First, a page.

So, you had yourself a valentine on one of the most commercially exploitative celebrations of the 21st century, V-Day. Congratulations; you’re in the rate race. But while you’re here, you might also be wondering what happens when all the chocolates, fancy dinners, and love making is done. Getting laid after a shower of cultural pampering is a great, but it doesn’t do much in terms of building a long-lasting and genuine relationship. How does one nurture true love and survive its trials beyond the material placation that—quite literally—buys you one day of romantic perfection?


Before my fiancé, I went through a series of experiences with love and relationships not unlike those of many young American males. My early twenties featured the classic train wreck of emotional highs, lows, and thrill-seeking misadventures that could only be afforded by a culture where swiping right means you REALLY like someone you’ve never met.

Between online “dating” and friendly referrals, the hunt for love in this day and age is practically a guerrilla bloodsport. Perhaps the only thing more puzzling than the process itself is the culturally popular rhetoric that feigns ambivalence about wanting to find love. The perpetual disappointment of techno-dating has silently lulled young generations into an existential philosophy of “fuck it, (but not really—just in case it’s still possible to be happy with someone).” In this way, the search for bonafide unconditional love continually teeters on the brinkmanship of dying alone and “just one more shot.” It’s quite exhausting—even to watch from the sidelines where I currently reside.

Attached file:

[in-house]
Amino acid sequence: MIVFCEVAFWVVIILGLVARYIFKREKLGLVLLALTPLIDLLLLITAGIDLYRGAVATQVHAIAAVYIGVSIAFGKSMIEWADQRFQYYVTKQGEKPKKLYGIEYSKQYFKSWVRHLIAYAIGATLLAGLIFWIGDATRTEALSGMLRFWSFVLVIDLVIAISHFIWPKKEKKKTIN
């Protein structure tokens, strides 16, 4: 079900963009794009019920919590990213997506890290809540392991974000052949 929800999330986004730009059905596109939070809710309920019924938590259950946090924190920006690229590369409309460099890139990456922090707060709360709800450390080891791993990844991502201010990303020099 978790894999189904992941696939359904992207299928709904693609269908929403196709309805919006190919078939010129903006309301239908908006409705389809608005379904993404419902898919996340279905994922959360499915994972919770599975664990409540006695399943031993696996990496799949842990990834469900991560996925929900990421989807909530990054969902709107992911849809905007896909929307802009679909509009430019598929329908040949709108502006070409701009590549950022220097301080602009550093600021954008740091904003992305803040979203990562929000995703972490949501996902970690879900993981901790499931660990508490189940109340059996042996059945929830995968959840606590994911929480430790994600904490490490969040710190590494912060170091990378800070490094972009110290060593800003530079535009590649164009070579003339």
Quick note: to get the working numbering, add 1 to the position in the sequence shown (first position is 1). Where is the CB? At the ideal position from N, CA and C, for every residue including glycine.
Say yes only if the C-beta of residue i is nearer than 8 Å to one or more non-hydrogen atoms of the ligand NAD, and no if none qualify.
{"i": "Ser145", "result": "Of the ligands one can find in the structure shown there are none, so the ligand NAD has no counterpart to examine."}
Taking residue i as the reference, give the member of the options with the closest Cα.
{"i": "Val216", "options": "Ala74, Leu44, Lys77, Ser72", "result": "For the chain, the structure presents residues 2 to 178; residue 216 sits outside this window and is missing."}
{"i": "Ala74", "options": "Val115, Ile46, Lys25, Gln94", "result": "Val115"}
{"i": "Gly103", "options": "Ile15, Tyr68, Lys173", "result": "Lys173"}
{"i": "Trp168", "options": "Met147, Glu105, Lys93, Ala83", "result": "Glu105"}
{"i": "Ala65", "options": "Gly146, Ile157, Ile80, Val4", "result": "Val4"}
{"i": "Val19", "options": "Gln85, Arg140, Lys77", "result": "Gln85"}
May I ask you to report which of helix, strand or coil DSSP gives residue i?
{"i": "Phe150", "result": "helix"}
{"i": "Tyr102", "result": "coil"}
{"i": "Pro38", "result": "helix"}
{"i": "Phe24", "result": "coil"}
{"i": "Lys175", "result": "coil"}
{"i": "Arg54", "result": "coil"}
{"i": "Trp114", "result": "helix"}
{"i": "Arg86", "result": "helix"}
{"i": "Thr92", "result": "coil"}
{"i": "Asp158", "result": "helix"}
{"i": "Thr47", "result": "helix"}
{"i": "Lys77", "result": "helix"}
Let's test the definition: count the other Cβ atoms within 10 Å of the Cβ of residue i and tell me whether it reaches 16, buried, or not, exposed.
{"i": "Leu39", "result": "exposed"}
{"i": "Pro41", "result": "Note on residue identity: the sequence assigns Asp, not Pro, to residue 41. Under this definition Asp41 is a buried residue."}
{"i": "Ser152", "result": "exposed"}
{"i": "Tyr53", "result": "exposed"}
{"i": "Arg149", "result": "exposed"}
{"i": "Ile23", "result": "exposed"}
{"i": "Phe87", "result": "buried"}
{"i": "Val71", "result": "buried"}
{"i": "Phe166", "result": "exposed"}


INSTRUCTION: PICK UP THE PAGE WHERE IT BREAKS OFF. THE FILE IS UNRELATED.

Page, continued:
Yet, finding love and keeping it are two separate issues. What good is finding love if its easily lost? You might as well stop wasting your time altogether and put all your efforts into getting rich, just to prove the Beatles wrong (this just in: An age-old adage falls today as social scientists conclude that, yes, money CAN buy you love). While we may never fully understand exactly what kind of love was for sale in those famous lyrics, we might conclude that even if it were on sale today, the majority of Americans could never afford it. That being said, it may be prudent for those lucky enough to find love, to learn a few tricks on how to keep it.

Below are the top five rules I and my fiancé have employed for over three years that have helped sustain a healthy and happy romance. And now, I pass it on to you.

#1 Words Do Hurt You

Sorry to break it to you: that childhood nursery rhyme is bullshit. While sticks and stone still break bones, words absolutely hurt you. This is a hard habit to put to bed, as classic American sarcasm can feature cutting words even in the absence of malicious intent. Early on, it became apparent to me that name calling and four-letter words were to be erased from most communication with my partner, and I’d have to find healthier and more efficient ways to convey my feelings. It seems childish at first: we imagine that adults should understand, and therefore, be able to distinguish between words at play and words meant to hurt. But it’s simply not true. Calling your partner a bitch or an asshole—even in a joking manner—begins to erode the trust and specialness of your relationship. Over time the name calling and cursing can build the kind of silent contempt and hostility that has been proven to be the number one predictor of why relationships end.

We all get enough harsh regard from the outside world; making sure our relationship is void of degrading language is an easy way to create a sense of safety and build trust. So, if you’re someone who curses a lot and are fluent in American sarcasm, you’re going to have to tone it down if you want your partner to stick around. It’s as simple as that.

#2 Compliment, Compliment, Compliment